Most Americans want to shore up our southern border, too, but The Donald would make Mexico pay for it no matter where those illegal immigrants might have come from -- Guatemala, say, or Honduras -- or, like most illegals, they may have just overstayed their visas instead of sneaking across the Rio Grande.
But what are the mere facts of the matter to The Donald? He's not out to solve problems but create them, to excite his fans and recruit even more of them from the ranks of the ill-tempered and ill-informed. His followers should be called the Sorehead faction of the Republican Party, and his views on immigration could be summed up as the Bad Neighbor Policy, for they come across as a composite of every anti-American stereotype the rest of the word has of us: bumptious, ignorant, aggressive, chauvinistic, xenophobic....
There's more, a lot more. Here's a candidate for president who's opposed letting immigrants use ties to family already here as a basis for admission to this country -- the way my mother was brought over by my grandmother, the grand matriarch and Mother Courage of the whole family. Donald Trump wouldn't even let immigrants here without the proper papers send money home to those they've left behind. So much for family values.
The Donald is addicted to the snap judgment, or rather the snap prejudice. He would deport "criminal aliens" -- without setting up a clear way to distinguish between the "criminal element" and those illegals who have worked hard, paid their taxes, raised their families and generally been good citizens for years without being actual citizens. And it's not just illegal immigration Donald Trump rails against; he would halt the perfectly legal kind, too -- at least for a time.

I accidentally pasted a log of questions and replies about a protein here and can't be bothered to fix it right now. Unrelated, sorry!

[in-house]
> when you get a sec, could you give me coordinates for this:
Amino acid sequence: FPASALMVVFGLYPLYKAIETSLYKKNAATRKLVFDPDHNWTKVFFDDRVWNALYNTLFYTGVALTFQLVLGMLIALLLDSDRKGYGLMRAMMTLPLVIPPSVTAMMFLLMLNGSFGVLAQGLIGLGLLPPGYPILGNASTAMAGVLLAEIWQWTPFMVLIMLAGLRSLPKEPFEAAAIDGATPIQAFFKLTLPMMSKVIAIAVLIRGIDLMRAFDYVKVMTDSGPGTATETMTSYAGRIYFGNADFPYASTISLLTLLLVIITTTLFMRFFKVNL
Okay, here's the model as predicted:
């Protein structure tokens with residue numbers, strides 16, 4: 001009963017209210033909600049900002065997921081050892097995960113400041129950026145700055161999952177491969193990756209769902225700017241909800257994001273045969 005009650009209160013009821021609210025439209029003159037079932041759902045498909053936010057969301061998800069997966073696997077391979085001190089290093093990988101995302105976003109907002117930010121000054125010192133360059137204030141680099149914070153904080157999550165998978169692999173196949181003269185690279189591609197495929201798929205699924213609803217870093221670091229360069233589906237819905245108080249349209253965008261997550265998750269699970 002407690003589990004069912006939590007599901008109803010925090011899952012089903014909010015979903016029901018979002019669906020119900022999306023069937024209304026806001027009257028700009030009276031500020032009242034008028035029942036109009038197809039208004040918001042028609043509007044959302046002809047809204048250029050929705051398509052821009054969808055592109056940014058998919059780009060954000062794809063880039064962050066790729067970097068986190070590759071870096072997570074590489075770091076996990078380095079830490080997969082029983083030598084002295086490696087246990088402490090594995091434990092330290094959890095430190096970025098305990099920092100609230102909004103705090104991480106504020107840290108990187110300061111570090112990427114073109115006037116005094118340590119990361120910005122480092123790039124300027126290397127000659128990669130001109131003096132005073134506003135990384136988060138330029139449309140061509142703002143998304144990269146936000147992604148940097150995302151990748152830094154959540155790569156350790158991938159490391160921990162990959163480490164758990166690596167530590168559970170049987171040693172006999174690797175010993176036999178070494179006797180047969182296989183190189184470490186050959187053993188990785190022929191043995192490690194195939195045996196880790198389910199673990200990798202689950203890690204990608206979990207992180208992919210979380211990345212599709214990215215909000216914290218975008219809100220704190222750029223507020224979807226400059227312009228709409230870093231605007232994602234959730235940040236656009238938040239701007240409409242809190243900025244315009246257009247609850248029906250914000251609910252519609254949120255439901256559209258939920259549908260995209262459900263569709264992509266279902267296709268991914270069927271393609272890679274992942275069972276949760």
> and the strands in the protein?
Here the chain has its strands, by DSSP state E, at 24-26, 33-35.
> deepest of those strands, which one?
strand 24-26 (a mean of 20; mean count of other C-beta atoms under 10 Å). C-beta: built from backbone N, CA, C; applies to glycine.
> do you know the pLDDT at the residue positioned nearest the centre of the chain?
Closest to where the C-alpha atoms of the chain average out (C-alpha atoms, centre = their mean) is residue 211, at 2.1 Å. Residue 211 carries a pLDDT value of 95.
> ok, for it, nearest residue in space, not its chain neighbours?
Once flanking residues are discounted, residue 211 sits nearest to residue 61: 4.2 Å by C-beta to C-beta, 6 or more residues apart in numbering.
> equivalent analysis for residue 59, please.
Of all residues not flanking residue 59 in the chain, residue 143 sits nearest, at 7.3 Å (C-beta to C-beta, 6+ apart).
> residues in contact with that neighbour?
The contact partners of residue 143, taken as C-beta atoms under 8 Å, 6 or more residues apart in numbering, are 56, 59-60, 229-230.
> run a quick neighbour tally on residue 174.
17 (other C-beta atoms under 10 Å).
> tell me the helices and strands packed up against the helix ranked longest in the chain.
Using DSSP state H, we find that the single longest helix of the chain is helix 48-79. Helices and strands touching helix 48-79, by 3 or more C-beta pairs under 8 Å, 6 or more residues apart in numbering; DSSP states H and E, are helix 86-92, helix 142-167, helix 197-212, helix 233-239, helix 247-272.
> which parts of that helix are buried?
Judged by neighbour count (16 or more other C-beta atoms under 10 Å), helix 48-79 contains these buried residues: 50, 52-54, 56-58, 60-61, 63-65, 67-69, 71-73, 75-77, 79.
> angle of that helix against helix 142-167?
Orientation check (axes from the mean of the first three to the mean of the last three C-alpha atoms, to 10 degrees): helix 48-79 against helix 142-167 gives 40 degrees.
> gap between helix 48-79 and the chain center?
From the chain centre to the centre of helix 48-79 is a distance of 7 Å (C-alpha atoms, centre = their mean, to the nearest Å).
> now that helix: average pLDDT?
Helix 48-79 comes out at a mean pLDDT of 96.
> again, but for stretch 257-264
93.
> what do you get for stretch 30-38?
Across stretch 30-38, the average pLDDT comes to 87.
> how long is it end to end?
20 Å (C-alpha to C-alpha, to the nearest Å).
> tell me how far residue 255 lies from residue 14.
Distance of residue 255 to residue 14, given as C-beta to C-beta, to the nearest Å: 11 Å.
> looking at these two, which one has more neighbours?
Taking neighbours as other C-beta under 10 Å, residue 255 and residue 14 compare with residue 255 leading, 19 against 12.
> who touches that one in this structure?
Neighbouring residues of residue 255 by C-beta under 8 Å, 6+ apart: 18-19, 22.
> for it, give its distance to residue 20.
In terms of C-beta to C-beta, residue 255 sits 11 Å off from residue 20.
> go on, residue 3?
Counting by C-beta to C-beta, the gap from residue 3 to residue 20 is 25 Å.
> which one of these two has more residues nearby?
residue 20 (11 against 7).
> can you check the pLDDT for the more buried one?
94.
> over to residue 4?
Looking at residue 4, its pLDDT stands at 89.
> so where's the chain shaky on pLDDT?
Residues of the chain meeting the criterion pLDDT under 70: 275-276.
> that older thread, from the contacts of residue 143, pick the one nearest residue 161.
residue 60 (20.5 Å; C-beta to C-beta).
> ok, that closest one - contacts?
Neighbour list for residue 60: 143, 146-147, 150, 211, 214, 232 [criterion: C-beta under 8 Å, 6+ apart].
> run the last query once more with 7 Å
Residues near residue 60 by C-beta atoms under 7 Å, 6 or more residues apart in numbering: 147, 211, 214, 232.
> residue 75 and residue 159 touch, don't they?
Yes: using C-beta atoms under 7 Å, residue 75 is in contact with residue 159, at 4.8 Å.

Other candidates running for the Republican presidential nomination may talk sense about immigration, illegal and otherwise, and even appeal to the enlightened self-interest of this nation of immigrants. Candidates like Jeb Bush and Marco Rubio and, perhaps the most decent of the bunch, Ohio's John Kasich, a governor used to proposing -- and carrying out -- practical policies. Instead of appealing to our worst, meanest instincts.
On second thought, maybe it's not Pat Buchanan's followers but a political party more remote in time that offers the more exact parallel with Donald Trump's hateful politics: the Know-Nothings of the 1850s, when the Union was fast coming apart. Sectional, ethnic and political divisions were mounting to new and fevered highs, providing the perfect environment for demagogues of every persuasion.
The Know-Nothings got their nickname because, when its members were asked about their party, they would claim to "know nothing." And they certainly knew nothing about how to unite the country. Any more than Donald Trump does now. Their specialty, like his, was dividing it. And their scapegoat for all the country's problems: Germans in the Midwest, Irish in the East, Roman Catholics anywhere. But the party didn't last long. Having preached divisiveness, it was soon divided itself between its Northern and Southern wings, and never made it to the most divisive of American presidential elections in 1860, the one that set off the Civil War.
Now we have Donald Trump -- a modern Know-Nothing -- doing his best, or rather worst, to divide the rest of us. But even in the midst of the quadrennial madness known as an American presidential election, there are still thinking Americans who refuse to swallow his bait. May they multiply and prosper, for United We Stand.
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Paul Greenberg is the Pulitzer-winning editorial page editor of the Arkansas Democrat-Gazette.